In order to obtain high yields of the desired target product, the reactants are continuously fed to a flow reactor and reacted with a more than two-fold excess of methylamine.[3] In the downstream process steps, the excess methylamine and the water is removed and NMEA (bp. 160 °C) and MDEA (bp. 243 °C) are isolated from the product mixture by fractional distillation. The poly(methyl-ethanolamine) formed by further addition of ethylene oxide to methylethanolamine remains in the distillation bottoms.

Properties[edit]

N-Methylethanolamine is a clear, colorless, hygroscopic, amine-like smelling liquid which is miscible with water and ethanol in any ratio. Aqueous solutions react strongly basic and are therefore corrosive. The substance is easily biodegradable and has no potential of bioaccumulation due to its water miscibility. NMEA is not mutagenic, but in the presence of nitrite, carcinogenic nitrosamines can be formed from the compound, as it is a secondary amine.[4]

Use[edit]

Like other alkylalkanolamines, N-methylethanolamine is used in water- and solvent-based paints and coatings as a solubilizer for other components, such as pigments and as a stabilizer.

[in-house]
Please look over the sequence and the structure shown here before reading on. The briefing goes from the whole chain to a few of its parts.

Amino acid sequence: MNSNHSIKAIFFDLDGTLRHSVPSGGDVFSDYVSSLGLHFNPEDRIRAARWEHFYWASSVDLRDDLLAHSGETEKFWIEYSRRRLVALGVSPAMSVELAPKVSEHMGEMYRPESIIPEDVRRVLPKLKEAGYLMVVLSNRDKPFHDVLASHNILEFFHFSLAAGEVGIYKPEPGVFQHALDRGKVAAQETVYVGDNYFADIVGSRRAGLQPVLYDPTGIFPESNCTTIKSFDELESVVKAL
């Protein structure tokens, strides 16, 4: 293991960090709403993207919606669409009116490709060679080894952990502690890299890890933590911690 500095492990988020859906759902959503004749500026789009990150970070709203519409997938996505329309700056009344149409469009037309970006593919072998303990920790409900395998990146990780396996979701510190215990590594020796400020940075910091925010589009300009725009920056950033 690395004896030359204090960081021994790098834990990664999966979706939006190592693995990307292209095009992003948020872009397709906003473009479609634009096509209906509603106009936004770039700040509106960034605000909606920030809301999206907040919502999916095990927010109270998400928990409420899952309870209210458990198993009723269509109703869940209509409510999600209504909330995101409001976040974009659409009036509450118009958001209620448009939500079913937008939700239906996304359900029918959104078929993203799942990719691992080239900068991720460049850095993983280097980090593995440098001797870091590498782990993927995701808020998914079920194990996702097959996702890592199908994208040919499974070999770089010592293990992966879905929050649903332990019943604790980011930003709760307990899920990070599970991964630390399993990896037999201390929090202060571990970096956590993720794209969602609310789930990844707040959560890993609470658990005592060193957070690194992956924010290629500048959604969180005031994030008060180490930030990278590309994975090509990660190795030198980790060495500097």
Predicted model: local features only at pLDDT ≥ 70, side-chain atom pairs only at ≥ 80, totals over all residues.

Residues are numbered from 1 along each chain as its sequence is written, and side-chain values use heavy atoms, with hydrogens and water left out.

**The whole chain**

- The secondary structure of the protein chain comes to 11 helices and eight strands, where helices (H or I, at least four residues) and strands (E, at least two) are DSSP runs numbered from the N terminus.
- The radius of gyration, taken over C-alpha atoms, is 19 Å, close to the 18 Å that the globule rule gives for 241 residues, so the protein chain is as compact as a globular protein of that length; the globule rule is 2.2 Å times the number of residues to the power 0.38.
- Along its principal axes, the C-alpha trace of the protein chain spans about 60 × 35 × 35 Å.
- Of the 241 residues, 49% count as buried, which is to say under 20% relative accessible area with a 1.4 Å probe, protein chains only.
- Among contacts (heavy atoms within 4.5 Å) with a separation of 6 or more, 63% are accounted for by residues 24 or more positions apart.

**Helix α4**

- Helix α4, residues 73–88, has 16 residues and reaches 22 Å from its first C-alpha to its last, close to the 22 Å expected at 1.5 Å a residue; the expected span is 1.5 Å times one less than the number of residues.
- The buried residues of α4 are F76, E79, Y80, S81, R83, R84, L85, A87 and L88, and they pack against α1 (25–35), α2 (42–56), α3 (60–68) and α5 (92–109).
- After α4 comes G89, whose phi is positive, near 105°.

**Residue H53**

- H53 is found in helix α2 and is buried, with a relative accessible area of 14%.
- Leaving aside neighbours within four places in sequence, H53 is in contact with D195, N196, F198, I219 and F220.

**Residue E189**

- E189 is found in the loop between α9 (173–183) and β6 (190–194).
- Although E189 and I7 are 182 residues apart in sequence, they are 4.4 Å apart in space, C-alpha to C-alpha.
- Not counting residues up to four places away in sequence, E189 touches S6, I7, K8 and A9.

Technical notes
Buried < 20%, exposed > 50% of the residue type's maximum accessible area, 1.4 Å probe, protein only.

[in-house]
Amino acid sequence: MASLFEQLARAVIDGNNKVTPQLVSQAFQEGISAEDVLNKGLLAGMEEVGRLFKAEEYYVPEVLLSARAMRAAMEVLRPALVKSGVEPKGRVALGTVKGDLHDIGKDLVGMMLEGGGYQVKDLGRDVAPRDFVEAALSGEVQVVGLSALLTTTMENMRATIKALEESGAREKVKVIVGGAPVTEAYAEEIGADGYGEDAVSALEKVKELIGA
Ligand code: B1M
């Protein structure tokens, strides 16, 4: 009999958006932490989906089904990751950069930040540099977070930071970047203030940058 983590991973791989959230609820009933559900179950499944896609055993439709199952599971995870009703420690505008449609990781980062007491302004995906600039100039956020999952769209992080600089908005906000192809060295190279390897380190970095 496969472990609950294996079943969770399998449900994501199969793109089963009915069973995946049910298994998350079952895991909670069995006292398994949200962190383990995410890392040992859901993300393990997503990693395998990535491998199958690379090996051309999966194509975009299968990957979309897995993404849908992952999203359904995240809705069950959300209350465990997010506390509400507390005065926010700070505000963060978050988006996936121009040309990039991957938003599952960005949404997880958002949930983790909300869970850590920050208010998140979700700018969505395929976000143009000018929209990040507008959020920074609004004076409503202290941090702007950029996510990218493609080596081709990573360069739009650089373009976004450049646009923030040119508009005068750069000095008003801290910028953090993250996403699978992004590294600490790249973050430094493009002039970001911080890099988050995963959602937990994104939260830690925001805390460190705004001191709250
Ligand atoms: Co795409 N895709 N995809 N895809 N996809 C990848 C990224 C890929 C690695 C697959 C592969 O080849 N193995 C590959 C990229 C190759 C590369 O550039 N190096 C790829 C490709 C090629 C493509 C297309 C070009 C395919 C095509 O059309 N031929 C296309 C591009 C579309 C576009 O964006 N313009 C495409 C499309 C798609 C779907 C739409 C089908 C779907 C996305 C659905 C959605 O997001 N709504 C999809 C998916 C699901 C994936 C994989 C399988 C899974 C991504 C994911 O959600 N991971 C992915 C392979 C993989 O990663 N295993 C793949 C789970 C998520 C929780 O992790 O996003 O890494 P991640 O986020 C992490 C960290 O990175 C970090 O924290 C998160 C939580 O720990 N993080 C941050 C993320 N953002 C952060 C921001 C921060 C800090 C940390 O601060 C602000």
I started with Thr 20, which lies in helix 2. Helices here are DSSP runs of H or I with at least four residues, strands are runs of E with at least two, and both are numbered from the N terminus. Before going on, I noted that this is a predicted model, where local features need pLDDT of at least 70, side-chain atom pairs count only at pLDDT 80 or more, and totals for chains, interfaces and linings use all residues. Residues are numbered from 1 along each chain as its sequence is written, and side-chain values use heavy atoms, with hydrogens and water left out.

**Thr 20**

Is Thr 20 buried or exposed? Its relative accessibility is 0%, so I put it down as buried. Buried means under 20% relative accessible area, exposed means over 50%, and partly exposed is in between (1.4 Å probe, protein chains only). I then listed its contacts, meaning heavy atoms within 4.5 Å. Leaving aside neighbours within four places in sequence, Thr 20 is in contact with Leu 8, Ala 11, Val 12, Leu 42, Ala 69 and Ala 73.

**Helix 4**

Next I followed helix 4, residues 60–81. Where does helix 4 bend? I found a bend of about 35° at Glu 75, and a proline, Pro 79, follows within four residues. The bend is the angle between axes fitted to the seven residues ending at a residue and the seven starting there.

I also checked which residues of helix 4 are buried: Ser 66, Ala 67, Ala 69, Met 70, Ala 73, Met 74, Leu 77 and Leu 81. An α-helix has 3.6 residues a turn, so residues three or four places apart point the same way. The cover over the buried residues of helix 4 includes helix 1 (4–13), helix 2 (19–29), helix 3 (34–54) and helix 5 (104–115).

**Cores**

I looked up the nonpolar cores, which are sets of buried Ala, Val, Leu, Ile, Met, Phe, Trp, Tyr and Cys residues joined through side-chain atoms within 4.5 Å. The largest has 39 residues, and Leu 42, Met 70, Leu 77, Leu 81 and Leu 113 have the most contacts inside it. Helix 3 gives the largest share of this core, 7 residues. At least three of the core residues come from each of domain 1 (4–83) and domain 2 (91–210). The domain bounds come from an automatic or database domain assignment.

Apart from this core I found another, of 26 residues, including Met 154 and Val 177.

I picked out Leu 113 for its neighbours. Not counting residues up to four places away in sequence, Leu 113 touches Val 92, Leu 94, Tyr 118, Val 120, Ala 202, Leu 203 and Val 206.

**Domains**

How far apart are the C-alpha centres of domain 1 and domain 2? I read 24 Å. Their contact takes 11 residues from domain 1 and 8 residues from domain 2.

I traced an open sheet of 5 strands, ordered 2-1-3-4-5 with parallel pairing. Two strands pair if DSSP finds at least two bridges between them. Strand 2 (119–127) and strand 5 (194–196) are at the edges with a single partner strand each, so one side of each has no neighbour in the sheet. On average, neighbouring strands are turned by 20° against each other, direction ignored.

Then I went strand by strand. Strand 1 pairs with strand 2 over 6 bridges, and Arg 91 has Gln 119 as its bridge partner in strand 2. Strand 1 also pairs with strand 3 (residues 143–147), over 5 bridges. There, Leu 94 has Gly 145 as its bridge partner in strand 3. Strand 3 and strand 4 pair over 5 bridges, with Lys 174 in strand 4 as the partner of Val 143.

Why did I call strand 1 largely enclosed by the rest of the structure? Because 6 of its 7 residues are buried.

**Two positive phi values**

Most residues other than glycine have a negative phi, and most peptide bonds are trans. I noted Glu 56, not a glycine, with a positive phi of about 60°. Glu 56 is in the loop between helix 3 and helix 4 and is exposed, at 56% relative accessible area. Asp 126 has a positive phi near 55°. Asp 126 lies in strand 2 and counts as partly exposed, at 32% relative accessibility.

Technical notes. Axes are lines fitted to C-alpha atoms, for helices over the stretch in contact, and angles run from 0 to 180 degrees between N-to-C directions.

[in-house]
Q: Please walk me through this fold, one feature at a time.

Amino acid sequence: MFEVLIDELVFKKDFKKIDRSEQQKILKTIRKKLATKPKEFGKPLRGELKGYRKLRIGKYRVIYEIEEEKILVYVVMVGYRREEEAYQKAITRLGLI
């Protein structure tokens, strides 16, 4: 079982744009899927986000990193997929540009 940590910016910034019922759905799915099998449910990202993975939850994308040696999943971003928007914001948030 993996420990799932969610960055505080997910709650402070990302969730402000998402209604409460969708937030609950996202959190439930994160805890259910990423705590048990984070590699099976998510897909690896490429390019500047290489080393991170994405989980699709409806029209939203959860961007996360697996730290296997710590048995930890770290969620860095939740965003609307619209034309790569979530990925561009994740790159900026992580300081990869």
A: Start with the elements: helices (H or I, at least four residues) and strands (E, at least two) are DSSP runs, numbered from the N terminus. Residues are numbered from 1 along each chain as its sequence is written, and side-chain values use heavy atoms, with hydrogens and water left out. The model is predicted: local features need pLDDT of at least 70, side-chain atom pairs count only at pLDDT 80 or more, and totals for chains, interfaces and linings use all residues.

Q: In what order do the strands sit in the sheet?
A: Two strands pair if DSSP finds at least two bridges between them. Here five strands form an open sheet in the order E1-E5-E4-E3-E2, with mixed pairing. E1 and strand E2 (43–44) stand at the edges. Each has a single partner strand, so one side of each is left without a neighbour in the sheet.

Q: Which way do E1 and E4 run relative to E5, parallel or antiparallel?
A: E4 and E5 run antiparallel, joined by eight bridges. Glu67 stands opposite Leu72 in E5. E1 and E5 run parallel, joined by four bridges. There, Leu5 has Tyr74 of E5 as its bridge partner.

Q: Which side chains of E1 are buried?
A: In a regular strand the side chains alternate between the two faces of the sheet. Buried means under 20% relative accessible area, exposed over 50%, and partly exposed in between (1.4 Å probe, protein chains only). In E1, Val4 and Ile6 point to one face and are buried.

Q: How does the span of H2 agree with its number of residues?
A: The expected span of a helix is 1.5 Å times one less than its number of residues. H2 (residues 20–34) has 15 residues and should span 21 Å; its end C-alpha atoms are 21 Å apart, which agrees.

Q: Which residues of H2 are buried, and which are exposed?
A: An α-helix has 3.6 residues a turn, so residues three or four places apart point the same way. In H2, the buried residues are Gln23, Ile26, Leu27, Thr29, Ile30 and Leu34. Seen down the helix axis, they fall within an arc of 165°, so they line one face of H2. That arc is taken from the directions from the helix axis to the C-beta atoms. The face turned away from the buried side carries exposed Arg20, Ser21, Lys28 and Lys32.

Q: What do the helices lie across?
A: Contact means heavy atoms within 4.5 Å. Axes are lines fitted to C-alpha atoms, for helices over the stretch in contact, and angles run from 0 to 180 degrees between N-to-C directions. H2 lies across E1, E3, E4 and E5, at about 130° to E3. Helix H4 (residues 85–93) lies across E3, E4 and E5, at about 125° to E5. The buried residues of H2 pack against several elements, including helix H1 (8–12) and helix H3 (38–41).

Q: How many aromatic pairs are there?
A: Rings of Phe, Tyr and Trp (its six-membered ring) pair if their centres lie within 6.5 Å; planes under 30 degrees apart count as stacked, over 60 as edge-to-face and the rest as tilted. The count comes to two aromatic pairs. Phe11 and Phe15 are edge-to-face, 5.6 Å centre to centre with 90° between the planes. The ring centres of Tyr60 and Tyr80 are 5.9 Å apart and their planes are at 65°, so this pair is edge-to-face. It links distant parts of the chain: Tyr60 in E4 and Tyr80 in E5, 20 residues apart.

In cathodic dip-coating, N-methylaminoethanol serves as cation neutralizer for the partial neutralization of the epoxy resin. It also serves as a chain extender in the reaction of high molecular weight polyepoxides with polyols.

Being a base, N-methylaminoethanol forms neutral salts with fatty acids, which are used as surfactants (soaps) with good emulsifying properties and find applications in textile and personal care cleansing products. When bleaching cotton-polyester blends, NMEA is used as a brightener.[5]

By methylation of N-methylaminoethanol, dimethylaminoethanol and choline [(2-hydroxyethyl)-trimethyl-ammonium chloride] can be prepared.

In the reaction of N-methylaminoethanol with fatty acids, long-chain N-methyl-N-(2-hydroxyethyl)amides are formed upon elimination of water. These are used as neutral surfactants. Such amides also act as flow improvers and pour point depressants in heavy oils and middle distillates.[6] By catalytic oxidation of N-methylaminoethanol, the non-proteinogenic amino acid sarcosine is obtained.[7]